Ask a Nerd: How Did the 2022 Rate Hikes Affect Bank Accounts, and What’s Ahead for 2023?
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When we rang in the new year in January 2022, we were coming off three full years of no rate increases from the Federal Reserve. And it showed in our savings accounts, where some of the best rates were really low, barely reaching half a percent annual percentage yield.
A lot can happen in a year.
In response to inflationary economic conditions, the Federal Reserve increased the federal funds rate multiple times throughout the year, clocking in at seven increases through December 2022. Now, the best high-yield savings accounts are earning upward of 3% APY. Here’s a recap of how rate increases impacted bank accounts, and what to expect for 2023.
What do the federal funds rate increases mean?
With a higher federal funds rate, interest rates increase on loans and borrowing on credit (like carrying a balance on a credit card), making them more expensive. But many bank deposit accounts, including savings accounts and certificates of deposit, are seeing solid benefits. Whereas some of the best savings accounts earned 0.50% APY before, they’re now closer to 3% APY or more.
Higher rates mean you earn more money in interest on your savings. If you had deposited $10,000 in an account in January 2022 that earned 0.50% APY (really, that was among the best you could find), and that rate had stayed the same through the year, you would have earned about $50 by the time you checked your account in January 2023.
But now, if you place that $10,000 in an account that earns 3%, you would earn more than $300 in 12 months' time (provided the rate stays the same). You can use a savings calculator to come up with more scenarios, especially ones in which you contribute to your savings on a monthly basis.
CDs saw a similar growth pattern with rates. Looking at the historical rates for CDs, you can see that the best CDs now have a much higher yield than they had when we ushered in 2022.
Will the Fed raise rates in 2023?
No one can predict for sure, but the Fed is giving us clues as to what it might be doing with monetary policy in the near future. In fact, the Federal Reserve chair has indicated that there may be smaller rate hikes going into the new year.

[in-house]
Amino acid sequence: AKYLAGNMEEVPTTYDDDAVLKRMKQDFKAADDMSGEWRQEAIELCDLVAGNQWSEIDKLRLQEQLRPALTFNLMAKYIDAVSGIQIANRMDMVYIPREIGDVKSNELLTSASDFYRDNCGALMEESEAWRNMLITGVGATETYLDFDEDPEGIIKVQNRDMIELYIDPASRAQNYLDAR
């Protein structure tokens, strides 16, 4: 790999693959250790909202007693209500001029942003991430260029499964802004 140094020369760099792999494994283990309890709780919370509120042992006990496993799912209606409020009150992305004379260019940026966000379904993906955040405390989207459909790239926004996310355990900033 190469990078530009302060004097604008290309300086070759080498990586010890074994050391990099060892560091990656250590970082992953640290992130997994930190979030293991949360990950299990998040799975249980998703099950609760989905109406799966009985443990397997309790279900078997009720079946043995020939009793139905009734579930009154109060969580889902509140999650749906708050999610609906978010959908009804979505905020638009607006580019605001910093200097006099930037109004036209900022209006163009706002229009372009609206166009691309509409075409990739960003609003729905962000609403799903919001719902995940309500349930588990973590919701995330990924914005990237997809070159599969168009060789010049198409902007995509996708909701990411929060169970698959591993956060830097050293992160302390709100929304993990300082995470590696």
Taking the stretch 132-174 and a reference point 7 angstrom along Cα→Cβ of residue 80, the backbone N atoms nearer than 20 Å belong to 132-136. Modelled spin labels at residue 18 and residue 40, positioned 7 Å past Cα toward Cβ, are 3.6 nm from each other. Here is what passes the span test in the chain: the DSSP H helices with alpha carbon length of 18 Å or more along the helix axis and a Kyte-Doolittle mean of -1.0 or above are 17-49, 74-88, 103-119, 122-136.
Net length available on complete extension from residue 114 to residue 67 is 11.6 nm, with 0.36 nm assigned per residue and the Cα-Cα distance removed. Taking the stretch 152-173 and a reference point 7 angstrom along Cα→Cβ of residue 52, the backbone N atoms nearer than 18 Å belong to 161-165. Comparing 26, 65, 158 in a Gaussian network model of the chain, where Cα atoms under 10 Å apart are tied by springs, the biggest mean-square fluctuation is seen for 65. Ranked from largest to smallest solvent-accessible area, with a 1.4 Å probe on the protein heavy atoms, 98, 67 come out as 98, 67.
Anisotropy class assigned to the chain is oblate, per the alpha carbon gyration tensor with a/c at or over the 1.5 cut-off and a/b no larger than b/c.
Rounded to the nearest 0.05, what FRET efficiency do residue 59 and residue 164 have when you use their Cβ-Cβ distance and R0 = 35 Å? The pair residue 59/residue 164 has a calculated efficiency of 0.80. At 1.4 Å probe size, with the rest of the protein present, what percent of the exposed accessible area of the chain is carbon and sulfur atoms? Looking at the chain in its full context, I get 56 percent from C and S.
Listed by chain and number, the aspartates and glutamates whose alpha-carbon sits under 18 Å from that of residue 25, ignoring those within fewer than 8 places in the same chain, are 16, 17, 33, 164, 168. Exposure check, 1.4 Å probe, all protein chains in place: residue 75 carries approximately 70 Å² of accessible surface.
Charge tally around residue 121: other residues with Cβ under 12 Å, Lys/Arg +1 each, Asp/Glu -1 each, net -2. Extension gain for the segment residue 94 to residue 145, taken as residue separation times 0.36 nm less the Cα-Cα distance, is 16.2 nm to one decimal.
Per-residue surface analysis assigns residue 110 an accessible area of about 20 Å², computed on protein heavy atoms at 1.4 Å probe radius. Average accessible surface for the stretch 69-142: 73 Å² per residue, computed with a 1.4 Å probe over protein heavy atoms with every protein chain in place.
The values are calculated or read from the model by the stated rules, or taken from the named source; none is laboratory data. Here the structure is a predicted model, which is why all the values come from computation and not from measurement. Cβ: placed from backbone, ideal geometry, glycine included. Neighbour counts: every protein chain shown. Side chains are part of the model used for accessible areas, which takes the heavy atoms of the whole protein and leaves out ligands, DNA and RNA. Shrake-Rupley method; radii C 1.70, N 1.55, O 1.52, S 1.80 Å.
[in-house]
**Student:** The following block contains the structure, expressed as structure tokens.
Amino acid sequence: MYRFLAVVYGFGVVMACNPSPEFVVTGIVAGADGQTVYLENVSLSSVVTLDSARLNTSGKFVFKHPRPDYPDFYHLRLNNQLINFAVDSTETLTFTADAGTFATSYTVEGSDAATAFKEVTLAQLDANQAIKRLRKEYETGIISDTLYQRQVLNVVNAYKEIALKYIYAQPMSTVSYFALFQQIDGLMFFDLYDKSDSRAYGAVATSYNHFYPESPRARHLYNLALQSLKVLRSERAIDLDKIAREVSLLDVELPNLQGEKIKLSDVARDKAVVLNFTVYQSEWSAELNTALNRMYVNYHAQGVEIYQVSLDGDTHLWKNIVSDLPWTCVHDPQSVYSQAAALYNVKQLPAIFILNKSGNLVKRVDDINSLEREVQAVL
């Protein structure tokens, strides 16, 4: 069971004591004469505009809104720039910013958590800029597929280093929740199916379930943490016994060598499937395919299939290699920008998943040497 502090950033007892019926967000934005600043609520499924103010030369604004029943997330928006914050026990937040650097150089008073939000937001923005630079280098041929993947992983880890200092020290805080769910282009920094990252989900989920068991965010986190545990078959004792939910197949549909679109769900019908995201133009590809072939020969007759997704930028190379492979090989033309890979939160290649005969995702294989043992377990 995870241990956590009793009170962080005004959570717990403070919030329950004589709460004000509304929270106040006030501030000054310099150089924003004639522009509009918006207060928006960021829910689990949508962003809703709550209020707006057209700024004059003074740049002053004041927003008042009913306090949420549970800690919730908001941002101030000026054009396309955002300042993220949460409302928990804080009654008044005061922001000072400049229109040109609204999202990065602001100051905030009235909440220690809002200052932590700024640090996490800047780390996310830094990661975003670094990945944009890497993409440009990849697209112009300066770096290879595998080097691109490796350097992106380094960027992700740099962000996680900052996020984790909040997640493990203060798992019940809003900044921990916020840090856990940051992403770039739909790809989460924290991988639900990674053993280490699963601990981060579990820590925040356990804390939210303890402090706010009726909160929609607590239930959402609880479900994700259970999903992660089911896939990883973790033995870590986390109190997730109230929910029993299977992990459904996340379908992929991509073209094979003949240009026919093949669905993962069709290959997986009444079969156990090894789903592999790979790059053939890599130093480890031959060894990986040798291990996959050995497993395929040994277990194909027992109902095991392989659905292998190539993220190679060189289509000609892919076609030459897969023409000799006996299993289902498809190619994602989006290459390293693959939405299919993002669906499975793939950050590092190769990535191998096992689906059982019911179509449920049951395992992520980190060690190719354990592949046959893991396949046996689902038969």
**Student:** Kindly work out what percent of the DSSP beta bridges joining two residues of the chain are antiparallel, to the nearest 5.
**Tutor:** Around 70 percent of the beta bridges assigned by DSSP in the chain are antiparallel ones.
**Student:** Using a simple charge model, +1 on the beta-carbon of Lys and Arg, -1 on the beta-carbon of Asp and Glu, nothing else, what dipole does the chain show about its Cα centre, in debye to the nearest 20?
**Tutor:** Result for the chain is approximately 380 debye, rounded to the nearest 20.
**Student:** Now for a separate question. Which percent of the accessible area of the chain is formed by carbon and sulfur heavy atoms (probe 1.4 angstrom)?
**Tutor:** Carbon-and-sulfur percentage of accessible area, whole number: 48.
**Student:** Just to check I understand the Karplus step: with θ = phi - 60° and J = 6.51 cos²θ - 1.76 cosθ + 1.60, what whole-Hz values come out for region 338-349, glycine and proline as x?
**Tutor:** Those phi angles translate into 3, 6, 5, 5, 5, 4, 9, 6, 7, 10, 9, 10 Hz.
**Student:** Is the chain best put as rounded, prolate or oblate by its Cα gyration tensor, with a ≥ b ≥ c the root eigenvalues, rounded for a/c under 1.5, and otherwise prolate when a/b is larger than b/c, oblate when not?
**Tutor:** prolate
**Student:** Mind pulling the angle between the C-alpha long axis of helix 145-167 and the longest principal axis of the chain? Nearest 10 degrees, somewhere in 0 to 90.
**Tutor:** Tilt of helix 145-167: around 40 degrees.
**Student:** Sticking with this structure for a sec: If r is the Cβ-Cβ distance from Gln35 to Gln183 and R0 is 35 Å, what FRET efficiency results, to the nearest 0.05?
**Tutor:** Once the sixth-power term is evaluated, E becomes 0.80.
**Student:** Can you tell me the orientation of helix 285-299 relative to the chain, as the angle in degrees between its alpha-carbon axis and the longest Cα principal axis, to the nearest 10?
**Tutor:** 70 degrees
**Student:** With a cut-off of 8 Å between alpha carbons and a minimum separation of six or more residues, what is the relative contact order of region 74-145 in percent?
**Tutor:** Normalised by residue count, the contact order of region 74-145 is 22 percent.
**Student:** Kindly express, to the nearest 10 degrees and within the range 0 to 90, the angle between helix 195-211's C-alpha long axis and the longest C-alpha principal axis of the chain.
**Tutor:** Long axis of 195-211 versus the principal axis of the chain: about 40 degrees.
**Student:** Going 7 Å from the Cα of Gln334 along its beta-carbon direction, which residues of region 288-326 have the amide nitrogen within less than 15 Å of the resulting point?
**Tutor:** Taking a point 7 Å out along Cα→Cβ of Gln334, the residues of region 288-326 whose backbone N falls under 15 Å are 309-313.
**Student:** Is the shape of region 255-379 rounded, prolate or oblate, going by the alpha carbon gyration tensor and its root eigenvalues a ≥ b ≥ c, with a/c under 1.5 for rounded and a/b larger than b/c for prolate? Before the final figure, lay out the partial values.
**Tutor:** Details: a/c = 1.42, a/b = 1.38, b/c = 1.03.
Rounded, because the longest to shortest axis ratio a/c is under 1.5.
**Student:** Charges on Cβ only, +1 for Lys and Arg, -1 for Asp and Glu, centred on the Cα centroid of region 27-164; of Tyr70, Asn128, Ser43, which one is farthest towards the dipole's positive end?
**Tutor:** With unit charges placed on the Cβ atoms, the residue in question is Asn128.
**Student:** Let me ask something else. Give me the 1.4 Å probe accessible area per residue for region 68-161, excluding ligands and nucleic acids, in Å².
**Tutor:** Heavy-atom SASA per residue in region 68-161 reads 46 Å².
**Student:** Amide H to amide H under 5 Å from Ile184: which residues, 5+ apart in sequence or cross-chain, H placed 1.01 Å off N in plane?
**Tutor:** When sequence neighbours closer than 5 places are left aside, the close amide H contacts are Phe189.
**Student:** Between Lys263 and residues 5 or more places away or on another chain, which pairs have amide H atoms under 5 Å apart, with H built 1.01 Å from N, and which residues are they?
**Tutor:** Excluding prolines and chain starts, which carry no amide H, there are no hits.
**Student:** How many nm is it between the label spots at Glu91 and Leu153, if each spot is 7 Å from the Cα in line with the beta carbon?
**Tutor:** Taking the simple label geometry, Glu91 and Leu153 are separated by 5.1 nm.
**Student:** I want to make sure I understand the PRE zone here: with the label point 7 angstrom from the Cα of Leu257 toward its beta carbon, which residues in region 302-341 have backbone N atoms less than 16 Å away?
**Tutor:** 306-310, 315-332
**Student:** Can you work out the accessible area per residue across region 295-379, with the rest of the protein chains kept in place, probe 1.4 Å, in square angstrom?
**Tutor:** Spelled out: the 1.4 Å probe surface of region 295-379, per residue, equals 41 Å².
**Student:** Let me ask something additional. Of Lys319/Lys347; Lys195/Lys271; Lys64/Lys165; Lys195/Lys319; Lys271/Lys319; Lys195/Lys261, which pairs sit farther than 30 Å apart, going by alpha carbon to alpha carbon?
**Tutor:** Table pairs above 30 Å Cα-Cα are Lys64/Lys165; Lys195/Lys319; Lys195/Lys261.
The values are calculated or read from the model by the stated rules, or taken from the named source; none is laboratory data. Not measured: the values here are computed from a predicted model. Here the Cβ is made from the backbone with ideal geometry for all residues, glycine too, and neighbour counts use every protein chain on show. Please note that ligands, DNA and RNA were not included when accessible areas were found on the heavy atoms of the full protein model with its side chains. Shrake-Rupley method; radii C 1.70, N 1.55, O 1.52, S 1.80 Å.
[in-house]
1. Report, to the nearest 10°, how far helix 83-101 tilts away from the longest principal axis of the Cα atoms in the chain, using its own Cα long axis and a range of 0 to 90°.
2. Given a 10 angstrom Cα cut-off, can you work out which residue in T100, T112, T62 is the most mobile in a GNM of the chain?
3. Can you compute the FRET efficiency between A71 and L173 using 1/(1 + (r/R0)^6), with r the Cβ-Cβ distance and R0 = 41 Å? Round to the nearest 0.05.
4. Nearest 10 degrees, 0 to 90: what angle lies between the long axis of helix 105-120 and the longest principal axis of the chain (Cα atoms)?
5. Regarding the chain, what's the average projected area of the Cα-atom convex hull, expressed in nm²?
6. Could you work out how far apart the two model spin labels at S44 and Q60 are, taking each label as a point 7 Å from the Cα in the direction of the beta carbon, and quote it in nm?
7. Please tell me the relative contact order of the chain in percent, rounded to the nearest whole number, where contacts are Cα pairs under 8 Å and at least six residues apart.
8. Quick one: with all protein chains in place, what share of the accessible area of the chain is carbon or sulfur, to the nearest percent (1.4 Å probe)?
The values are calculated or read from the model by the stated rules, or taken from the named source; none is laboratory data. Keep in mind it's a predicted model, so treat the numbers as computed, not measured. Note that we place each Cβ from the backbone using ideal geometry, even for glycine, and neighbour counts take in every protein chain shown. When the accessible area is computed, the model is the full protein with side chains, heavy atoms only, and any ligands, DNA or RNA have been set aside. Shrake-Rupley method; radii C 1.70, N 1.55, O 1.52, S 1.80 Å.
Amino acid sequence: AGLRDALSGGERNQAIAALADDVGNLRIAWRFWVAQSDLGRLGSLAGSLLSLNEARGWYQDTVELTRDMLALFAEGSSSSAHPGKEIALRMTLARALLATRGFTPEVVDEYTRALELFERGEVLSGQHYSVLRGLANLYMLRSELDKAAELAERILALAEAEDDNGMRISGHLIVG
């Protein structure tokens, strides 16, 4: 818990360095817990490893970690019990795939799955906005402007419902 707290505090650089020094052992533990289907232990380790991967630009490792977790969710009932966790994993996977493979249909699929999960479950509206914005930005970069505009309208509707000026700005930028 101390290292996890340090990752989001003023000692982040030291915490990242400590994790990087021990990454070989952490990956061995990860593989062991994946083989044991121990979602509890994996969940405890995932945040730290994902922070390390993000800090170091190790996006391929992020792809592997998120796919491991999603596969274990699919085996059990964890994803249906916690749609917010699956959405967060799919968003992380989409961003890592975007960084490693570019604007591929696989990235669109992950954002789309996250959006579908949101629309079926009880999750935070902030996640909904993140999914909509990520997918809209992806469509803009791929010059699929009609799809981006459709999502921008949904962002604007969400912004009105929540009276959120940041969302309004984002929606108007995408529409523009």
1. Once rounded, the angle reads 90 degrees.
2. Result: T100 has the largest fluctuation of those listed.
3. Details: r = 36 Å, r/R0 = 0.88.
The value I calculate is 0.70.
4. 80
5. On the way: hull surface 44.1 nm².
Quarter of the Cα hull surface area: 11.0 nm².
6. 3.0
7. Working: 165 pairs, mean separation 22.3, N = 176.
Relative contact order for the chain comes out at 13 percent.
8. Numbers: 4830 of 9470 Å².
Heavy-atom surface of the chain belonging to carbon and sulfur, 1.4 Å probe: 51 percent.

I recently chatted with René Nourse, a certified financial planner and founder and CEO of Urban Wealth Management in El Segundo, California.
She says there may be smaller rate increases because the rate of inflation may be slowing.
The consumer price index, which is often used as a proxy for inflation, bears out this hypothesis. According to the Bureau of Labor Statistics, the CPI increased 9.1% year over year for June 2022, but by November the increase was a more moderate 7.1% — not exactly low, but off its June peak and with smaller increases each month.
Rates increased because the Fed made moves to help fight inflation. If inflation falls to levels that are within the Federal Reserve target, rate increases may stop, and it’s not entirely out of the picture for rates to eventually decrease, Nourse says. “You’ll want to prepare for either scenario,” she says.
What can you do now to take advantage of current rates?
Make sure your savings account is earning today’s high rates. That means shopping around for an account that has high yields and, ideally, no monthly fee.
I've noticed that the best high-yield savings accounts tend to offer great rates when yields are high and also tend to be among the most competitive when rates decrease. So finding a good savings account now can help set you up for success no matter what happens with interest rates.
If you have a chunk of cash set aside that you won’t need for a while, consider putting it in a CD to get a guaranteed rate. Some of the top CDs earn rates that are higher than even the best savings rates. Yes, you’ll have to agree not to withdraw the funds for a set time period, say, for a year, and you might miss out on a higher interest rate. But if rates fall in 2023, which isn't out of the question, you'll have locked in a high rate. And regardless of whether rates increase or decrease, you’ll know what your yield will be.
This year saw a large increase in interest rates. If you’re a saver, that’s good news. It’s unlikely that yields will continue to increase at as rapid a pace in 2023, however. But by keeping your funds in high-yield savings accounts and CDs, you can make sure your money is still working hard for you well into the new year.
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